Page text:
TAFE in South Australia has been much in the news of late. This article aims to highlight a number of the lessons from a Senate Enquiry and particularly the Nous Group Review commissioned by the former South Australian Government. The review sought to identify the systemic issues within TAFE SA that contributed to ASQA’s adverse findings and set out the key reforms needed to lift performance and restore TAFE SA’s reputation in the market and the wider community.
This article aims to present a series of general messages, which would not only apply to public providers in Australia generally, but also to private providers.
In May 2017 TAFE South Australia (TAFE SA) was the subject to routine regulatory scrutiny. This audit process identified some areas of non-compliance with the requirements of the Vocational Education and Training (VET) Quality Framework. A range of qualifications, ten in all, was proposed for suspension. However, the decision to act was deferred until March 2018 while a reconsideration review was completed and assessed by the Australian Skills Quality Authority (ASQA).
In his evidence to the Senate Enquiry, the Chief Commissioner and CEO of ASQA stated that:
“…in relative terms, TAFE SA has not demonstrated the same rate of non-compliance as other TAFEs and is comparable to non-TAFE providers.”
The Senate report also noted that:
“Evidence received during the inquiry clearly demonstrates that the current situation with TAFE SA is not an extraordinary, isolated incident, but is instead symptomatic of the deeper problems afflicting the Australian vocational education and training (VET) sector.”
So, what are the lessons that can be learnt from TAFE SA’s experiences? The report prepared by the Nous Group highlights a number of these.
What the Nous Review found
Don’t lose sight of the importance of quality as an end and as a means
What Nous suggest is that quality was ‘de-prioritised’ against targets for cost containment and revenue generation. This “overlooked the need … to maintain a reputation for quality in order to compete effectively.” Perhaps, though, TAFE SA would not be alone here, as likely they are not in the other areas the Nous report highlighted.
Make sure both strategic plans and organisational management are sound
Strategic plans can be sound on paper, but they also need to be communicated and executed effectively. The services provided need not only to be cost-effective, but also “well-targeted, well-managed, properly-resourced and appropriately governed.” Key skills for managers include strategic thinking, as well as skills in communication and resource management. This also requires the development and monitoring of effective performance metrics for the organisation.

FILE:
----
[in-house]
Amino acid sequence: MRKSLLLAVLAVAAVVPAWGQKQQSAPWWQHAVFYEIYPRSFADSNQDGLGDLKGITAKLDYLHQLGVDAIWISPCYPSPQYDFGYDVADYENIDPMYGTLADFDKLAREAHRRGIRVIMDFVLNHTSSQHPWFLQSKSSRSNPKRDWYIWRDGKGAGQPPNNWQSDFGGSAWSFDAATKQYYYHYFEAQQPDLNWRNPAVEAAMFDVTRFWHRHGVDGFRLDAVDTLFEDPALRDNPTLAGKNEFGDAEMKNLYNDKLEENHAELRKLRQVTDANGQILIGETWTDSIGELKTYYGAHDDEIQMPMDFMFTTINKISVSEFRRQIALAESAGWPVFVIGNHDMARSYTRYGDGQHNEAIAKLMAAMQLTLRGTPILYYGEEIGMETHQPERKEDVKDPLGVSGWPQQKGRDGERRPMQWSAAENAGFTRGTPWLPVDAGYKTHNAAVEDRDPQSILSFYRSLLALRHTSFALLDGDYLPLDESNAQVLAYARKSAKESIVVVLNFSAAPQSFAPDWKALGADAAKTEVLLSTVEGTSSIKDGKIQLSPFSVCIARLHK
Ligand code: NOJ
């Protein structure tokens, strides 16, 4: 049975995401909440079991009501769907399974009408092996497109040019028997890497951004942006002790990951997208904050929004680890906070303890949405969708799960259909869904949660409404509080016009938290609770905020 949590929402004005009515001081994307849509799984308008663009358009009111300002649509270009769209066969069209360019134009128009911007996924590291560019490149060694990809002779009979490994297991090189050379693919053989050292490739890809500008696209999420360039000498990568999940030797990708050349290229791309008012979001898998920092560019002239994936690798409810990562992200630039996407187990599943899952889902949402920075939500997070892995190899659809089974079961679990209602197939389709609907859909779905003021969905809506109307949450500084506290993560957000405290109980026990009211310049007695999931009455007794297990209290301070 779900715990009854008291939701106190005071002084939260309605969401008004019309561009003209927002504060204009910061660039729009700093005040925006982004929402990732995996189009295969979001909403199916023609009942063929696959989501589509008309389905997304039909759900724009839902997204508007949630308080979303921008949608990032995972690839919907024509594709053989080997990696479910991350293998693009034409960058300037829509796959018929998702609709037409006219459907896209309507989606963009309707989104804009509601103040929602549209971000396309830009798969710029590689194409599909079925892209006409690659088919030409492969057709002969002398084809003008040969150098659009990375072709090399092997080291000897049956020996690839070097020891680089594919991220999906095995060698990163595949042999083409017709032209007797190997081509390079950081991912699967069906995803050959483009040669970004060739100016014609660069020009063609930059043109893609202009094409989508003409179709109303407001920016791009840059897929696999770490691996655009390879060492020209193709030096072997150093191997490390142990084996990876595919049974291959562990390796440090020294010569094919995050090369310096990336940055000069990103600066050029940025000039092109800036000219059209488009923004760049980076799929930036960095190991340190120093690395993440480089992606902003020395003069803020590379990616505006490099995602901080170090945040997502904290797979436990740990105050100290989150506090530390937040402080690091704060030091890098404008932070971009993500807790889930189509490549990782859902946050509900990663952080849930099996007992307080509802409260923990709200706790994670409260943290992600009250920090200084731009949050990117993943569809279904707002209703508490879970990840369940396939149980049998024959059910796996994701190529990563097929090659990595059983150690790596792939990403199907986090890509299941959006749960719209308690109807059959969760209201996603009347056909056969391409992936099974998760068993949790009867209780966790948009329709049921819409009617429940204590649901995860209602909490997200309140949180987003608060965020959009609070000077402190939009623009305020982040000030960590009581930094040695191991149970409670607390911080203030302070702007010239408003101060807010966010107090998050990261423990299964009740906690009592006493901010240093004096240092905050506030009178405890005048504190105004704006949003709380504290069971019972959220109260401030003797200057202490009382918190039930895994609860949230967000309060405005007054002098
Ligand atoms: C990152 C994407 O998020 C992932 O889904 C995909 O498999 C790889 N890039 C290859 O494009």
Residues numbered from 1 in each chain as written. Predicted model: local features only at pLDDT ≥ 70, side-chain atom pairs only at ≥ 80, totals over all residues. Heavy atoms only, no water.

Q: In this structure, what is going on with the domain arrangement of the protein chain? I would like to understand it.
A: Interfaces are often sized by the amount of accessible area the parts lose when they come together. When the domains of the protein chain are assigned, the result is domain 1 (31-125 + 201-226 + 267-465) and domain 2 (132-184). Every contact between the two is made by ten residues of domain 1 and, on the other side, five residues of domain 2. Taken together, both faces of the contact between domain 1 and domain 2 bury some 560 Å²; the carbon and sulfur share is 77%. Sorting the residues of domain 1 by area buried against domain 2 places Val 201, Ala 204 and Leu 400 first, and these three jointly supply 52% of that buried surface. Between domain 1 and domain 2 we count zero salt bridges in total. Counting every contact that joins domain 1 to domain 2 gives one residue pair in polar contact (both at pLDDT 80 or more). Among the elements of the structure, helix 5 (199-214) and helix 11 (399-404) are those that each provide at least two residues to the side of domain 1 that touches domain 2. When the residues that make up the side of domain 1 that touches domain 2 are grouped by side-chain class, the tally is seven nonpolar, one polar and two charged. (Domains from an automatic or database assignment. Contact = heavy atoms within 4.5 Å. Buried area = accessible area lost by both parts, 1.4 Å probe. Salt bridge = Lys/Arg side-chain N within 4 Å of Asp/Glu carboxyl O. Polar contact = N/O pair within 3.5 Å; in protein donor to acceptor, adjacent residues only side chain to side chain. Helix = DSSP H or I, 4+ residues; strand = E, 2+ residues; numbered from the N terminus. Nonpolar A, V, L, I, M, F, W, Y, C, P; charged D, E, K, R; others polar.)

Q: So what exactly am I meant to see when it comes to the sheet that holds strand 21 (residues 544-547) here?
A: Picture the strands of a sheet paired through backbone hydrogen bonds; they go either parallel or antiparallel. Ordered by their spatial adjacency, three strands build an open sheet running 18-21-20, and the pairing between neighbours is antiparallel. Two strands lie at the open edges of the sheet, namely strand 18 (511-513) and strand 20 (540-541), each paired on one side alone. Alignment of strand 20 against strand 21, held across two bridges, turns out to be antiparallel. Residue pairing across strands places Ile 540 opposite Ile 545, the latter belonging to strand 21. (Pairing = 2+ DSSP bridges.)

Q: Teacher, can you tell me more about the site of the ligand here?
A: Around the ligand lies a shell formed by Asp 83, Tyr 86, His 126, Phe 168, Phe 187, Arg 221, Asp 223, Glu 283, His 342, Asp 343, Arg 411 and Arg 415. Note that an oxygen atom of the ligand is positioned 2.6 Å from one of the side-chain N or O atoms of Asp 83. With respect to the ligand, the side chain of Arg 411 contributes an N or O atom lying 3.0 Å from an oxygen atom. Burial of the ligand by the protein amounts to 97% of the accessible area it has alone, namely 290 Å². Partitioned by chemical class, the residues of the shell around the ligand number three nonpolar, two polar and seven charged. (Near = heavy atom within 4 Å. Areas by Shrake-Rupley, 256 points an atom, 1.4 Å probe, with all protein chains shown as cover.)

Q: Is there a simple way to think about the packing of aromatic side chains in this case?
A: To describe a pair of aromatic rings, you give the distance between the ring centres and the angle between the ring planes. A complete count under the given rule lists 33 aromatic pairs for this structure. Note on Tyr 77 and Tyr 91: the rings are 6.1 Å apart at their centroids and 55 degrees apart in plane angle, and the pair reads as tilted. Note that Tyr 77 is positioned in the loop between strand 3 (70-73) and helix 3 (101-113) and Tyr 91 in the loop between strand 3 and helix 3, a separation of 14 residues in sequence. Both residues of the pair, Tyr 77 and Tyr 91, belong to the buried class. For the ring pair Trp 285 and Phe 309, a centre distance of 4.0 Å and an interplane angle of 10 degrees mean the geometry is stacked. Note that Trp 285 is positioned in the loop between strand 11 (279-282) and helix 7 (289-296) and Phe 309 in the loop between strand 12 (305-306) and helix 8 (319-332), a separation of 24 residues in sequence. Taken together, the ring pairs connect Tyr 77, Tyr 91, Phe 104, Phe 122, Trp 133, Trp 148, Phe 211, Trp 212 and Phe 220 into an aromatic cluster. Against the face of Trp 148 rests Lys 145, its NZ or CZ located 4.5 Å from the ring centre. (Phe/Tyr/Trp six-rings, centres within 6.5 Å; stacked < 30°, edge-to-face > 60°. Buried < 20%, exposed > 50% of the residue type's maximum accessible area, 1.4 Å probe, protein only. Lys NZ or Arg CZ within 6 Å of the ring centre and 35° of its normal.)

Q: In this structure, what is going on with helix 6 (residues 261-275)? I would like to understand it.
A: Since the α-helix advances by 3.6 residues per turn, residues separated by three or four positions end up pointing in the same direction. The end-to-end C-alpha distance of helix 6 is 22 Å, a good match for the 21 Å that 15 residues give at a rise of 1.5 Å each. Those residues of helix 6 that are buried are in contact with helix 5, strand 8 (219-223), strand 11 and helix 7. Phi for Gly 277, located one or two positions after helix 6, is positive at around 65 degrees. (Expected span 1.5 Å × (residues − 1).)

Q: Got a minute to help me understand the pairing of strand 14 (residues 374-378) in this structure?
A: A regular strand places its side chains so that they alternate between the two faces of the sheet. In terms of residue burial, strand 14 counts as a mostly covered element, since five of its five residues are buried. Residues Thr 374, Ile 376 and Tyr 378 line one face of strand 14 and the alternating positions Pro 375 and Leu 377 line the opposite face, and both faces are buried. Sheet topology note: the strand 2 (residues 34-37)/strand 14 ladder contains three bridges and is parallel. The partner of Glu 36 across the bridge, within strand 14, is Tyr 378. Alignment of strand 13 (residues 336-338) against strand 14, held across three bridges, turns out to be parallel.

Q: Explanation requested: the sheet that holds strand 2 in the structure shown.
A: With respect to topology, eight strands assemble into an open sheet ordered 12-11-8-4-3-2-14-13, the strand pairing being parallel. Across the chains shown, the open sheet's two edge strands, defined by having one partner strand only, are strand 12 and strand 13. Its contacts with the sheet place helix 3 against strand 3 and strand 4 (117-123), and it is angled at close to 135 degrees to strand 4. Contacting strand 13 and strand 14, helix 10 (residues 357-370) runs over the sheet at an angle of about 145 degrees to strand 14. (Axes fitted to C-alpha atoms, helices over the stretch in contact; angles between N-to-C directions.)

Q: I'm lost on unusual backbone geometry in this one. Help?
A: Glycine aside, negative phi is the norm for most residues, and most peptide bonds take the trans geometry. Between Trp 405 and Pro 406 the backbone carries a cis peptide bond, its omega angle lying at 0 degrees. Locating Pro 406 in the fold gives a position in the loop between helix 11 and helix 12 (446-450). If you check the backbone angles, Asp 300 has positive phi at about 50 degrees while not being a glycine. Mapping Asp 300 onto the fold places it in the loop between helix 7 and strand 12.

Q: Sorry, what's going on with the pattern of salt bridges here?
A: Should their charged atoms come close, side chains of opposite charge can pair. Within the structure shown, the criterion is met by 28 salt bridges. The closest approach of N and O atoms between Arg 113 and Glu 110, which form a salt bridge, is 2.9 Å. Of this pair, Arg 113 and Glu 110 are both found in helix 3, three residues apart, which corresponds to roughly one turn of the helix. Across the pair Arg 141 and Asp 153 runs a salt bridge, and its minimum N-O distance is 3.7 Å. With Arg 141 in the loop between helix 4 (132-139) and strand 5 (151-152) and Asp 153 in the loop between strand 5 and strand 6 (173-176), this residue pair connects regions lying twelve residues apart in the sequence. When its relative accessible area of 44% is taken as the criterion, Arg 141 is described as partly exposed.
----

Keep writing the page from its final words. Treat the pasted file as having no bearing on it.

Have an effective internal audit process and take notice of it
Nous reported that TAFE SA’s internal quality auditors had made discoveries similar to those later made by ASQA, and reported these possible areas of non-compliance ‘up the line’. The message here is that those at higher levels need to consider and act on that advice so that risk is effectively monitored and organisational reputation protected.
Ensure that there is a high level of professionalism and a good, strong organisational culture
Nous found that there is a “large contingent of highly-motivated and loyal staff who want to help restore confidence in the institution of which they are very proud.” However, it needs to be clear where responsibilities and accountabilities lie. In addition, sufficient resources need to be devoted to quality teaching and assessment and the maintenance of industry currency.
Take the audit process and any rectifications seriously
The last message is to take matters seriously, not only in preparing for audit, but in undertaking any rectifications required. This is where providers, no matter whether public or private, can easily come unstuck.